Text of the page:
Use Dependency Injection to resolve Sitecore View Rendering Models with Glass Mapper

In Sitecore MVC, a view rendering consists of a (Razor) view and optionally a model. The model has a definition item under /sitecore/layout/Models and must be referenced in the field Model of the rendering definition item. Now when Sitecore is loading a view rendering, it starts the pipeline mvc.getModel to create an instance of the referenced model and passes the model to the view. By default Sitecore creates the model instance with Activator.CreateInstance(), which means that the class needs a default constructor and doesn't allow constructor injection. John West has written a good blog post here how you can use dependency injection to create the model.

But what is different when you use Glass Mapper? Glass Mapper adds a new processor GetModelFromView.cs in the mvc.getModel pipeline which resolves the model automatically out of the model definition in the view (@model xyz). The model definition item under /sitecore/layout/Models and the reference in the rendering definition item are not needed anymore. Wohhooo! But this also means, that the approach from John West to create models using dependency injection doesn't work anymore. Fortunately Glass Mapper is almost as flexible than Sitecore itself, so there is a way too.

Glass Mapper has a concept called Object Construction pipeline. This is not a Sitecore pipeline, but works similar. There are different tasks in this pipeline and each task is responsible to create an object. When resolving the model from the view rendering, the model instance is also created using this pipeline. So the only thing we need to do is adding a new task to resolve our model with our dependency injection container. A task must always implement the interface IObjectConstructionTask. In the following example I have added an empty interface IContainerModel to identify which models I want to resolve using the container. All models in my view renderings which should be resolved using dependency injection must implement the interface IContainerModel as well. The task itself is very simple:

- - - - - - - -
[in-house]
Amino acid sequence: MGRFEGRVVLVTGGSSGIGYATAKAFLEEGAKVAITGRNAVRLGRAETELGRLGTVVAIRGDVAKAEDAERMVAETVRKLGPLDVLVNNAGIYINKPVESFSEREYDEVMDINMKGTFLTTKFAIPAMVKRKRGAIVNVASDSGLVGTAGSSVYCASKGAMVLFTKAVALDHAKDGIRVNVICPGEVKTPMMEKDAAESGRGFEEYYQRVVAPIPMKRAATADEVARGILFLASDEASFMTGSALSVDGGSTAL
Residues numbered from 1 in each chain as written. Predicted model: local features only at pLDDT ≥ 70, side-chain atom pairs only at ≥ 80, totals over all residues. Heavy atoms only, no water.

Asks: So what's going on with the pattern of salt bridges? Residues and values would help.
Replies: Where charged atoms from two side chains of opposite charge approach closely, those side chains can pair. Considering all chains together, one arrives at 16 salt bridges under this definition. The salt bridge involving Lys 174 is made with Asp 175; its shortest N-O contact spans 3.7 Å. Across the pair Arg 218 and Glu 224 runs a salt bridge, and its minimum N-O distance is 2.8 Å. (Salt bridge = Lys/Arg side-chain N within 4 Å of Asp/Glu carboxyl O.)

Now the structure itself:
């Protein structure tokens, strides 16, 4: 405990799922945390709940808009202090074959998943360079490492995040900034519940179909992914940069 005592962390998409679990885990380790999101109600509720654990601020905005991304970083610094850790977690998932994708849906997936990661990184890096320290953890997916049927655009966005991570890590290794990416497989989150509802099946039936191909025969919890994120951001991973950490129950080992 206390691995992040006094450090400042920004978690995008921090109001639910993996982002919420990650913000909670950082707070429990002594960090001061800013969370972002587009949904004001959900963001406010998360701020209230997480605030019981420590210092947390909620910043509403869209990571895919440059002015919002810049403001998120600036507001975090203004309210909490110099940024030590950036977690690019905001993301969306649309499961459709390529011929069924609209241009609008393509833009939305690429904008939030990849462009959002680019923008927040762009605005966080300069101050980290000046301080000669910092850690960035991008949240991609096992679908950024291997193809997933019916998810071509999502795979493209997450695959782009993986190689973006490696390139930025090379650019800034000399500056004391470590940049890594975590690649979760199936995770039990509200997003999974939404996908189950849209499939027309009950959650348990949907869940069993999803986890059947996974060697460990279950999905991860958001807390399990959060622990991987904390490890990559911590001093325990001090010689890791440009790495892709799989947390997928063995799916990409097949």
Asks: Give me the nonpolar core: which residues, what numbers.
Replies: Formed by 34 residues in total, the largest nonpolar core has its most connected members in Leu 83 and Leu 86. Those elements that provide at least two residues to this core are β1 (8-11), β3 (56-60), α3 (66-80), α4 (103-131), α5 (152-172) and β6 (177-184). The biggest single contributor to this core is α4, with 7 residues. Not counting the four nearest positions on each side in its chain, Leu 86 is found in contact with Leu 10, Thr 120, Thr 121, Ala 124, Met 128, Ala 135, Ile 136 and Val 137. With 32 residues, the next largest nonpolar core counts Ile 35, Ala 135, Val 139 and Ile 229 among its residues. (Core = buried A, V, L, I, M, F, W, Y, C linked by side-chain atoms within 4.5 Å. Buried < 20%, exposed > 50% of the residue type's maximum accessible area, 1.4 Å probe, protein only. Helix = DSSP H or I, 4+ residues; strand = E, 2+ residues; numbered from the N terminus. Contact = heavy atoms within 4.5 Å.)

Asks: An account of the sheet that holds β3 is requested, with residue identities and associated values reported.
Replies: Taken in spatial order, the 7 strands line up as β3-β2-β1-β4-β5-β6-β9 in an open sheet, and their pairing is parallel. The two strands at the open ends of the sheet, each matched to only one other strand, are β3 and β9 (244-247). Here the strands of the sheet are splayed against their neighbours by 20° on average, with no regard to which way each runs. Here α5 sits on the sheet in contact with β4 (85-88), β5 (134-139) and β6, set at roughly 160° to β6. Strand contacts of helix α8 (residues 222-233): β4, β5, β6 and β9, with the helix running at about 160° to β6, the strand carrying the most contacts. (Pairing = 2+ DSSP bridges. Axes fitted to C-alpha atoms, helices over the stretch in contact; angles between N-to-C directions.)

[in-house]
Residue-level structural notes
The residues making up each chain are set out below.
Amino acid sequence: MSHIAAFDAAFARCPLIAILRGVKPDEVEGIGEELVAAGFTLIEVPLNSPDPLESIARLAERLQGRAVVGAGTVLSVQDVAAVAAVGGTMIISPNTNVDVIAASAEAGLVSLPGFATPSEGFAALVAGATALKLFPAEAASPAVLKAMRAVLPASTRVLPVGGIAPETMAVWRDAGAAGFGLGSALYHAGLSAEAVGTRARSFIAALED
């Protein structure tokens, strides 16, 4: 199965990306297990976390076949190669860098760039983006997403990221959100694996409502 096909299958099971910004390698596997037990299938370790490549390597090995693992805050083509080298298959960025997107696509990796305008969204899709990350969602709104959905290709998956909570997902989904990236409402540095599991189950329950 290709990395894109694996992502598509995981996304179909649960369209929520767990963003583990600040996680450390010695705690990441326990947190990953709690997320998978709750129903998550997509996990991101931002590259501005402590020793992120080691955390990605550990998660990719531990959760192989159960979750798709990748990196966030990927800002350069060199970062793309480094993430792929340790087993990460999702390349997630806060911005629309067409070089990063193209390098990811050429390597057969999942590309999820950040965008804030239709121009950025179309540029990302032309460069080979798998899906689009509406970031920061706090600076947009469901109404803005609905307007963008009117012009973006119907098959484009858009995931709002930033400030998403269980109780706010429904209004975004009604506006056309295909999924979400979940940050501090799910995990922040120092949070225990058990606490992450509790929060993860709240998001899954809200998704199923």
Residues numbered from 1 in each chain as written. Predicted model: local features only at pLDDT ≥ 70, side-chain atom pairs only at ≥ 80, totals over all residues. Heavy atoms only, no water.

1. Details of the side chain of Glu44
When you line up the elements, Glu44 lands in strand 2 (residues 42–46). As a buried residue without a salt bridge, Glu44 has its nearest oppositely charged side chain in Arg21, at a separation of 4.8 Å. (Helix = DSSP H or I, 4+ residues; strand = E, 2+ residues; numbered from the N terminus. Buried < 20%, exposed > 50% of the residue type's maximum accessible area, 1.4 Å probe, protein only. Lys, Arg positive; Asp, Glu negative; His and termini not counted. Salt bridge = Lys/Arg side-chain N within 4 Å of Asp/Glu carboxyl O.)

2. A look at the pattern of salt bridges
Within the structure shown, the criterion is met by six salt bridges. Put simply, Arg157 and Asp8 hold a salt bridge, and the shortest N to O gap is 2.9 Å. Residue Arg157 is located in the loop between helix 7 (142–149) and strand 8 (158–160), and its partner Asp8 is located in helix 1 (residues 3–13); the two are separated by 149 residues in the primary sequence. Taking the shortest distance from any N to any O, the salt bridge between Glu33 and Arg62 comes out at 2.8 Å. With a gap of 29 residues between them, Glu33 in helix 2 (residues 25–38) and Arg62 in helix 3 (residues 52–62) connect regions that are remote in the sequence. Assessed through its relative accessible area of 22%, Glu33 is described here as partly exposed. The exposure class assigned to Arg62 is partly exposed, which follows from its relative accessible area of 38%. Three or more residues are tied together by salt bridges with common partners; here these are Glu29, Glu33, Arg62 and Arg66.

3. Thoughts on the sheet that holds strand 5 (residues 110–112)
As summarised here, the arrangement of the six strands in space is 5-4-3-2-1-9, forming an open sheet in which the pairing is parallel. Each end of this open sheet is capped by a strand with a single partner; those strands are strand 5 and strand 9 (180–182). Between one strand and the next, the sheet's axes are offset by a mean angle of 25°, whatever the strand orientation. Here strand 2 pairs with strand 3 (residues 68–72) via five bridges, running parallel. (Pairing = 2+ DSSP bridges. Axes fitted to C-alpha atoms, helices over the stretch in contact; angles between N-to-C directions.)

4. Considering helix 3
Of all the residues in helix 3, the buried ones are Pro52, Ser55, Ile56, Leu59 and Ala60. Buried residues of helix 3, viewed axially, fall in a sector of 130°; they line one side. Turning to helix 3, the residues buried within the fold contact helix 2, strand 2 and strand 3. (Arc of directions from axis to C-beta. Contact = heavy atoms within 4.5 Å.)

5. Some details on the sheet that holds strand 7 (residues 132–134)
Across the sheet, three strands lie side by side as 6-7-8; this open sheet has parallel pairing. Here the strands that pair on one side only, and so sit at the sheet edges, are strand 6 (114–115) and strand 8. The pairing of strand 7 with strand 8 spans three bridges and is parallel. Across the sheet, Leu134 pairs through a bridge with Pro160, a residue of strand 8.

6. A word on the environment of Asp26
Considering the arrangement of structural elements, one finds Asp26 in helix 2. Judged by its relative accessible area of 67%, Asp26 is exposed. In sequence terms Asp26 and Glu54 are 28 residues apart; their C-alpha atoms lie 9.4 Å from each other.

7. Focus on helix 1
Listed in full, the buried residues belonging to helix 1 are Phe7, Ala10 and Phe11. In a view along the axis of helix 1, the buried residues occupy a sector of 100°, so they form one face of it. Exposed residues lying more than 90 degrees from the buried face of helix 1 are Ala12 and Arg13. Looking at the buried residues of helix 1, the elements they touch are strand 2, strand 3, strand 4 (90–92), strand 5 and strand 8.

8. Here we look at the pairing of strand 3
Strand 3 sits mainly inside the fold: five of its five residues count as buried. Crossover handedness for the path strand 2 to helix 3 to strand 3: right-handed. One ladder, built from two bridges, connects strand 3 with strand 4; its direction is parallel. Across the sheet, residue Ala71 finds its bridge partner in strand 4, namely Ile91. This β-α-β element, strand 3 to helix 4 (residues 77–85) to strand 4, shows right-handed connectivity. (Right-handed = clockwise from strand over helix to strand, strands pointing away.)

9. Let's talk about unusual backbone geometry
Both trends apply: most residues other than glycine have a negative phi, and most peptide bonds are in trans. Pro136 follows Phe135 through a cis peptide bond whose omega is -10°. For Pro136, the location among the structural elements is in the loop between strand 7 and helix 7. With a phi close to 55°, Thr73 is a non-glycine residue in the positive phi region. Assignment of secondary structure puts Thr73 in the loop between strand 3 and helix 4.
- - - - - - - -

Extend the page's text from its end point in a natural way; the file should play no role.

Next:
public class CreateViewModelTask : IObjectConstructionTask
{
    public virtual void Execute(ObjectConstructionArgs args)
    {
        // check that no other task has created an object and that this is a model which should be resolved using the container
        if (args.Result != null || !typeof(IContainerModel).IsAssignableFrom(args.Configuration.Type)) return;

        // create instance using the container
        var model = MyContainer.Resolve(args.Configuration.Type);

        // set the new object as the returned result
        args.Result = model;
    }
}

The task needs to be registered in Glass Mapper and it's important that this task runs first. Otherwise it will result in a similar exception than in the beginning that there is no default constructor available. With Glass Mapper V4 the task can be registered in GlassMapperScCustom.cs while initializing Glass Mapper:

public static IDependencyResolver CreateResolver()
{
    var config = new Glass.Mapper.Sc.Config();
    var dependencyResolver = new DependencyResolver(config);

    // register the task at index 0 (first)
    dependencyResolver.ObjectConstructionFactory.Insert(0, () => new CreateViewModelTask());

    return dependencyResolver;
}

That's it. Summarized this has the following advantages:

  • You don't need to create a model definition item in Sitecore anymore, just define the model type in your view and let Glass Mapper handle the rest.
  • All your models will automatically be resolved using your prefered dependency injection container.
  • You can control which models should be resolved using your container with the interface IContainerModel.

Do you already use this feature from Glass Mapper? Are there any other ways to have similar results?

Kevin Brechbühl

Senior Developer & Architect | C# & ASP.NET | Sitecore Technology MVP

comments powered by Disqus